Doing the bidding


Should bid management be part of the PMO?


IN SOME ORGANIZATIONS, bid management is not a duty of the project management office (PMO). It's not uncommon to find dedicated departments that address the prospect of winning tenders. The typical argument for excluding bid management from the PMO is that the former has more to do with winning business, while the PMO is focused on prioritizing and delivering projects.


At other organizations, bid management is seen as an inseparable part of the PMO's operations. This structure is based on the idea that

winning business inevitably translates into internal projects that have to be undertaken to deliver customer products or services. Hence, early visibility of bids will assist both the management of the project portfolio and the delivery of projects.

Whether bid management is part of the PMO or not is dependent upon a number of factors, including organizational maturity, adoption of project culture, the role of the PMO and the strength of an organization's departments. For example, enterprise sales is one area where it makes perfect sense to integrate bid management with the competencies of the PMO. One of the responsibilities of enterprise sales is to respond to the changing needs of corporate customers through a variety of bids. Typically, this is done via the professional services department, where bid management usually resides in a separate team that works closely with the team managing the delivery of projects.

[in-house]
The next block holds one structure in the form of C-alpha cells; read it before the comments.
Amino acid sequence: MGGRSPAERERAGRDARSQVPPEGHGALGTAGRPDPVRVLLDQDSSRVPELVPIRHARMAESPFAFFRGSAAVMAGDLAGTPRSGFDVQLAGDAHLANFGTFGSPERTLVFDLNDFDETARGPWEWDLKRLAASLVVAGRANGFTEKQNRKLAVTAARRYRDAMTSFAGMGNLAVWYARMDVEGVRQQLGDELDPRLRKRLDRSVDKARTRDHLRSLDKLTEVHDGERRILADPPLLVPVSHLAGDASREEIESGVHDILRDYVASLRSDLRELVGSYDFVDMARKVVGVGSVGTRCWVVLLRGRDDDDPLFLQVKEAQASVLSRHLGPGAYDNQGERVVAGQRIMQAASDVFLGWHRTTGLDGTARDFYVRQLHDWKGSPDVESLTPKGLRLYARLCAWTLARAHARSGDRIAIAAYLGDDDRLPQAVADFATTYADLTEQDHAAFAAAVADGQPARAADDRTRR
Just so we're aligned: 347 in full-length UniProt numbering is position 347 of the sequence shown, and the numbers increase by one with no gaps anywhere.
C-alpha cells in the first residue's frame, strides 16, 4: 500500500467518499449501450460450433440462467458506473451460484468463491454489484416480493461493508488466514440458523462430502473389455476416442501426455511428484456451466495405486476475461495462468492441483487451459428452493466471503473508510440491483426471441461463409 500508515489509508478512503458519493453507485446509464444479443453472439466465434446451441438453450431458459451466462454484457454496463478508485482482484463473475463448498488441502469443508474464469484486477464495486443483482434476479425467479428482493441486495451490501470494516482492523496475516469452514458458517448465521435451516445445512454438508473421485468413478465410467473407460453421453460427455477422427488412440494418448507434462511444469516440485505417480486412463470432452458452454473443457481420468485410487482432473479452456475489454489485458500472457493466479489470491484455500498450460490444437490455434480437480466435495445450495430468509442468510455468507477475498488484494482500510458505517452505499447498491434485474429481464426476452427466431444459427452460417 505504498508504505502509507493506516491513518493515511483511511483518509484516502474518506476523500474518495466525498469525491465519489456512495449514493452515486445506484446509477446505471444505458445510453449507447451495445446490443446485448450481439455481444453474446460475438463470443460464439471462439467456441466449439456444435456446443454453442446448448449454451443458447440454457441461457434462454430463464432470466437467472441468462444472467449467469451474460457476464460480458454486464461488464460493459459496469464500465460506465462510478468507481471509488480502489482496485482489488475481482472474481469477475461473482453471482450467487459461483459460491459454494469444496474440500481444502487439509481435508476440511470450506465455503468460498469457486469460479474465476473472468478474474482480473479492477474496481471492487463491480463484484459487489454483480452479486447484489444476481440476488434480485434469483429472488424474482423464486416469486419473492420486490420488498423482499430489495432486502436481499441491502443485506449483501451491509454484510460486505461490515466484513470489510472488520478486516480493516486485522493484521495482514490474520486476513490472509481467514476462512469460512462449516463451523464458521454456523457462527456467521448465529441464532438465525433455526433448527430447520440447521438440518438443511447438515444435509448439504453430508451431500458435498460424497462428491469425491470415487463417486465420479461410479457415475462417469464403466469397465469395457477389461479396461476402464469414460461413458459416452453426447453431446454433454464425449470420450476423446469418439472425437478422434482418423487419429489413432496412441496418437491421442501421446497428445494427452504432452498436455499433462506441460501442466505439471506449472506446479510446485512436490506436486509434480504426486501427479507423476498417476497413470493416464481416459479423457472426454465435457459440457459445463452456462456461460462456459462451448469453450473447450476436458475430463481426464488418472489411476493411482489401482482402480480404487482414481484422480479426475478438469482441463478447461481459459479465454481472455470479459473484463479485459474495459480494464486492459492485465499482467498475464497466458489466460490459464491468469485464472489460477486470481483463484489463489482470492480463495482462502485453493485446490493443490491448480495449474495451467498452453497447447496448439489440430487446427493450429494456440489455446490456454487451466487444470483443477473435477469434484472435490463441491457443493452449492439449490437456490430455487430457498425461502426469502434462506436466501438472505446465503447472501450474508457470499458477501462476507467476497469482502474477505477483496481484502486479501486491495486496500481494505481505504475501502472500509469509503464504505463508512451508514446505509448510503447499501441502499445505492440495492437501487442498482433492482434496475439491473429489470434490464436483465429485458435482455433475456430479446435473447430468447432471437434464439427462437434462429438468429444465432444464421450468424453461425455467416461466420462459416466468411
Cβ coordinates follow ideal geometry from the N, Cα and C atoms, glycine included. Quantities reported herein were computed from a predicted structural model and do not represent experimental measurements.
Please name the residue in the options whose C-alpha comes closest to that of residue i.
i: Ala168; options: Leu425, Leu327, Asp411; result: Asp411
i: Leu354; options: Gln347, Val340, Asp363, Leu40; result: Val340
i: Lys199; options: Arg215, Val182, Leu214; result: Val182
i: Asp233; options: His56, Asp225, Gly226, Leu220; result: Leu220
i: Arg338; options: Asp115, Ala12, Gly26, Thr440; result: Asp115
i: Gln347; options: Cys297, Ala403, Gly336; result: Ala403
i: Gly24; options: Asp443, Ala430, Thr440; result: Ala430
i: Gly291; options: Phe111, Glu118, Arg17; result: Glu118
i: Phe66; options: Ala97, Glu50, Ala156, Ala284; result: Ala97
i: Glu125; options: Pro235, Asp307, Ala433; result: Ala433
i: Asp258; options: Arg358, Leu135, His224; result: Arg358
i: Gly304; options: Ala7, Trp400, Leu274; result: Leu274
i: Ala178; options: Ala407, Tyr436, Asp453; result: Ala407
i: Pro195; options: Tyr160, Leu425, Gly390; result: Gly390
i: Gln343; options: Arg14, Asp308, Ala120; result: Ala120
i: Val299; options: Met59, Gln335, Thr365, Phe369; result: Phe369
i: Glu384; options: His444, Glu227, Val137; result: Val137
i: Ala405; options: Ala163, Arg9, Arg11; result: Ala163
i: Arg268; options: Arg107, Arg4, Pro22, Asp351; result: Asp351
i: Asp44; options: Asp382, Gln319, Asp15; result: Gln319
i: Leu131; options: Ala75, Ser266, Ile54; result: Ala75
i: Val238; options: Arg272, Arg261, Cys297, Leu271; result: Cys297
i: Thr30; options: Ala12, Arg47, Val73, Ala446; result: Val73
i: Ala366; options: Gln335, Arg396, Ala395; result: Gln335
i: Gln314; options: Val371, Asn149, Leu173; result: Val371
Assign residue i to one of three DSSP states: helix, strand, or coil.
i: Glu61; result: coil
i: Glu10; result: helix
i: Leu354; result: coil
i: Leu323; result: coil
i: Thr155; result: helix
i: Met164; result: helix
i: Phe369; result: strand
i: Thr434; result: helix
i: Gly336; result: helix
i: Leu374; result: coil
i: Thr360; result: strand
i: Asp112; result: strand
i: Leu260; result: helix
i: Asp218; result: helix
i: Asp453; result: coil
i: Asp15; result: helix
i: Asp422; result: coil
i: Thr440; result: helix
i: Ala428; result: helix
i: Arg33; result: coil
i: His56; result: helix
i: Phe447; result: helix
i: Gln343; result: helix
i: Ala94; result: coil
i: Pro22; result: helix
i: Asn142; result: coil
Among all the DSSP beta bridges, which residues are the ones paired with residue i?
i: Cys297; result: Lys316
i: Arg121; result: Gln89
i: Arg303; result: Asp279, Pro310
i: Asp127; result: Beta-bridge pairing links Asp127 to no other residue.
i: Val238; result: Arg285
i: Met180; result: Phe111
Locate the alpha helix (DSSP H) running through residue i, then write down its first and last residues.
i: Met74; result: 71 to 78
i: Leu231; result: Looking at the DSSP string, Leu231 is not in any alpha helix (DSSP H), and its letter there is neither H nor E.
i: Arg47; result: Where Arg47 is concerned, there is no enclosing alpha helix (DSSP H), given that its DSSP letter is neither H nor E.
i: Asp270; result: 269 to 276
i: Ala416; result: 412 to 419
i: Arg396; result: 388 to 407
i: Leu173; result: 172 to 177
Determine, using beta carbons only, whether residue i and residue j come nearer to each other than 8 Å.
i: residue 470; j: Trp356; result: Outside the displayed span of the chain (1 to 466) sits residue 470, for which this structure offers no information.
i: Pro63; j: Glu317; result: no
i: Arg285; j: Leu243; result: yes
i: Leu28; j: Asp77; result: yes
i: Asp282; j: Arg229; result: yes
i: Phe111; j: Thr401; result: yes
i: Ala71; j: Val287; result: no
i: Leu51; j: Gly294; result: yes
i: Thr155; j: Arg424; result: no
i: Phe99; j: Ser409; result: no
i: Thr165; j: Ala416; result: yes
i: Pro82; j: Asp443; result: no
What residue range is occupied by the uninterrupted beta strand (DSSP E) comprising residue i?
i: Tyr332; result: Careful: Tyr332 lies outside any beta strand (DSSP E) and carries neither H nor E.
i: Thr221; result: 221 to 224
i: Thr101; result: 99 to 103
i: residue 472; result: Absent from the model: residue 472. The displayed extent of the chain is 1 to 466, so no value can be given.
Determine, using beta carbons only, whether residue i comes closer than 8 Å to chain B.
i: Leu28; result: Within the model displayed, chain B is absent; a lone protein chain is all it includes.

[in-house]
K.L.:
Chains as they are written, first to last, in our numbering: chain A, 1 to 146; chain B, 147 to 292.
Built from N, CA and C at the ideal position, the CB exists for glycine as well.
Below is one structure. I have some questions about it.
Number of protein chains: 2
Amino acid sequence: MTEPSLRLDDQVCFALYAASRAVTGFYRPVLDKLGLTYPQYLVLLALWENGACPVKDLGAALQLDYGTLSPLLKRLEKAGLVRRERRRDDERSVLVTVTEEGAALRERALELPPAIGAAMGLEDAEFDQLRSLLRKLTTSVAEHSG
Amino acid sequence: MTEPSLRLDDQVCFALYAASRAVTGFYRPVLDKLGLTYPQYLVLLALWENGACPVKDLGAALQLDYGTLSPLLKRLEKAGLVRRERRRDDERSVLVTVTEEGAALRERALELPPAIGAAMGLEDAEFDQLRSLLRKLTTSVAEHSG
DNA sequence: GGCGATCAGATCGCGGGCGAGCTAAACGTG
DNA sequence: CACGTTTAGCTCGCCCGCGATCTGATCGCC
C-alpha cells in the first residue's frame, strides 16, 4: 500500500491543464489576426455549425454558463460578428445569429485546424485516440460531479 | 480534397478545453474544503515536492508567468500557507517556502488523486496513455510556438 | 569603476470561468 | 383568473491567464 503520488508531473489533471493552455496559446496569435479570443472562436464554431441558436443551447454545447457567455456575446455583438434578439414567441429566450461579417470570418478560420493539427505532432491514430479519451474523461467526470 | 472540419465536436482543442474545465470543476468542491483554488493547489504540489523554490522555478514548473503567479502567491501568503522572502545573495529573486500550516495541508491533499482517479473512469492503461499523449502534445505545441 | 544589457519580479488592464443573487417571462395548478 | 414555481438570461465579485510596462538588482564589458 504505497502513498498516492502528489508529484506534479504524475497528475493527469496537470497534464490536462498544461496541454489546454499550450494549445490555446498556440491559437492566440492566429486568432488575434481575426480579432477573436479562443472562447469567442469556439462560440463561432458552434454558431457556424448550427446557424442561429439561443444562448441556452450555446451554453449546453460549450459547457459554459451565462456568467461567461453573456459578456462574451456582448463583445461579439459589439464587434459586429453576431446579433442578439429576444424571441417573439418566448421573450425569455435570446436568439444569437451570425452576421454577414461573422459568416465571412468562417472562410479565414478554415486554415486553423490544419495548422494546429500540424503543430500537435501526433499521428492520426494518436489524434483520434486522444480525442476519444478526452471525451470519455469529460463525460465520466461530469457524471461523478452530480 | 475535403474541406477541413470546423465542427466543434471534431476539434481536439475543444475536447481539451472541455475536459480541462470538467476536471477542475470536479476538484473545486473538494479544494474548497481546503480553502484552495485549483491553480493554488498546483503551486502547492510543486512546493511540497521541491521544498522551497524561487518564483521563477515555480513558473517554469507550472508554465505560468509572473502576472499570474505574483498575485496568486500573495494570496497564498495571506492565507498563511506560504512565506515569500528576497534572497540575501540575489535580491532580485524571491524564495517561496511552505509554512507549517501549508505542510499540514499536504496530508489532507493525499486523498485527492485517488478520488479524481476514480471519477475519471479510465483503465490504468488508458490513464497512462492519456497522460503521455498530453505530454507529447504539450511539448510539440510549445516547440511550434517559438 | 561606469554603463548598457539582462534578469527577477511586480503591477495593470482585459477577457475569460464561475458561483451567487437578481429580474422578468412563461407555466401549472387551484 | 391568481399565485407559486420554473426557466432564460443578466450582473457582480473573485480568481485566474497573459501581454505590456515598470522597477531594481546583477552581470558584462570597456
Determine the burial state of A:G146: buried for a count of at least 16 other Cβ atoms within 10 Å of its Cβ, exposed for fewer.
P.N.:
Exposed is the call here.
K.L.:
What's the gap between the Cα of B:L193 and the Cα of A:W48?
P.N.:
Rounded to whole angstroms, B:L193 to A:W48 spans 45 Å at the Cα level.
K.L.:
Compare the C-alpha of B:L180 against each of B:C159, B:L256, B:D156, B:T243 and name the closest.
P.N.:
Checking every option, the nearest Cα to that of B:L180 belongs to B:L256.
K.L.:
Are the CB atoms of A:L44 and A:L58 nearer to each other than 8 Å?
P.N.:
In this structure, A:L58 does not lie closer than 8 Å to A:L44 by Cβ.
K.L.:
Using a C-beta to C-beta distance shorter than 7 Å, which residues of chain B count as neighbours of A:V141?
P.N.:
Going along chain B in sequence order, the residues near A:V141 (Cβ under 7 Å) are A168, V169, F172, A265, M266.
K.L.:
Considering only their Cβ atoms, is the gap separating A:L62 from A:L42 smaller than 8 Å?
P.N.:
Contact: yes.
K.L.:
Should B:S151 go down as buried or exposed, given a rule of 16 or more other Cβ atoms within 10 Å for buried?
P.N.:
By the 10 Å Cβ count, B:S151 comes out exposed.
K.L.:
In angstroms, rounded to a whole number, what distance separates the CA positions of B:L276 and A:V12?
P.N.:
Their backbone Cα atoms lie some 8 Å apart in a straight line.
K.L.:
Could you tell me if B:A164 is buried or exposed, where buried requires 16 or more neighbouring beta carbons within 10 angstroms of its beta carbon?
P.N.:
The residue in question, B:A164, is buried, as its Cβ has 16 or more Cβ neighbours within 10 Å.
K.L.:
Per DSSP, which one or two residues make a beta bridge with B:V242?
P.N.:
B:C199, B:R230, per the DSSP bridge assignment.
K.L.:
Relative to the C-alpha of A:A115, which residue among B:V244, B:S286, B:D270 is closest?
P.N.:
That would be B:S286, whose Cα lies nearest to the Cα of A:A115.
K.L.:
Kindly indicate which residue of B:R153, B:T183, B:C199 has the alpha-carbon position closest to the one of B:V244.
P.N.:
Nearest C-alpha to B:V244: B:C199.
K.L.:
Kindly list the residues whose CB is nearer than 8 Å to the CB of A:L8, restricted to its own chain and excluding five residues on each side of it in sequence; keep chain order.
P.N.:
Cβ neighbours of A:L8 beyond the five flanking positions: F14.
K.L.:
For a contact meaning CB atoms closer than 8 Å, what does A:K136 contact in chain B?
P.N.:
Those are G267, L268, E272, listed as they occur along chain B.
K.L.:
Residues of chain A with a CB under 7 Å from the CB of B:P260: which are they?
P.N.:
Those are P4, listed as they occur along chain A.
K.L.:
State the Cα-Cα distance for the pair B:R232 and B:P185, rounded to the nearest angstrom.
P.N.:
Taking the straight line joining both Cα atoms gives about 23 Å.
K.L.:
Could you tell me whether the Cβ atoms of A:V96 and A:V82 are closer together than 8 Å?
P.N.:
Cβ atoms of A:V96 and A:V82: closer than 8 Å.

Yet other departments and organizations may be overlooking the value of integrating bid management into the PMO.


Bid management teams share some interesting traits with PMO teams. Bid management teams are highly cross-functional: They plan delivery of proposals and provide governance mechanisms to ensure timely completion of bids. Moreover, bid management teams share a similar vernacular and skill set, providing status reports on the entire life cycle of bids and conducting lessons-learned sessions whenever proposals fail to win business.

Yes, bid management projects are short, but the overlap in skills, processes and priorities makes a strong case for bid management to be included as part of the PMO. Besides, by integrating bid management into the PMO, organizations will be better able to manage their project portfolios, thanks to the early visibility of potential project work. That structural integration also helps PMO staff validate project deliverables against what has been promised to customers. Tracking customer benefits seamlessly—and from the very beginning of the bidding process—can assist the project team in overcoming challenges during project delivery. In fact, the entire span of processes—from winning bids to completing deliverables—can be integrated to boost timely completion and successful project outcomes.

Another benefit to including bid management in the PMO is that it allows for the rotation of staff across a wider set of roles and responsibilities. This gives practitioners the opportunity to work on projects from bid to delivery, and can keep staff better engaged and committed to project success. PM


Abid Mustafa is a director of corporate programs for du Telecom, a telecom operator and PMI Global Executive Council member in the United Arab Emirates. He is the author of In the Age of Turbulence: How to Make Executive PMOs Successful.




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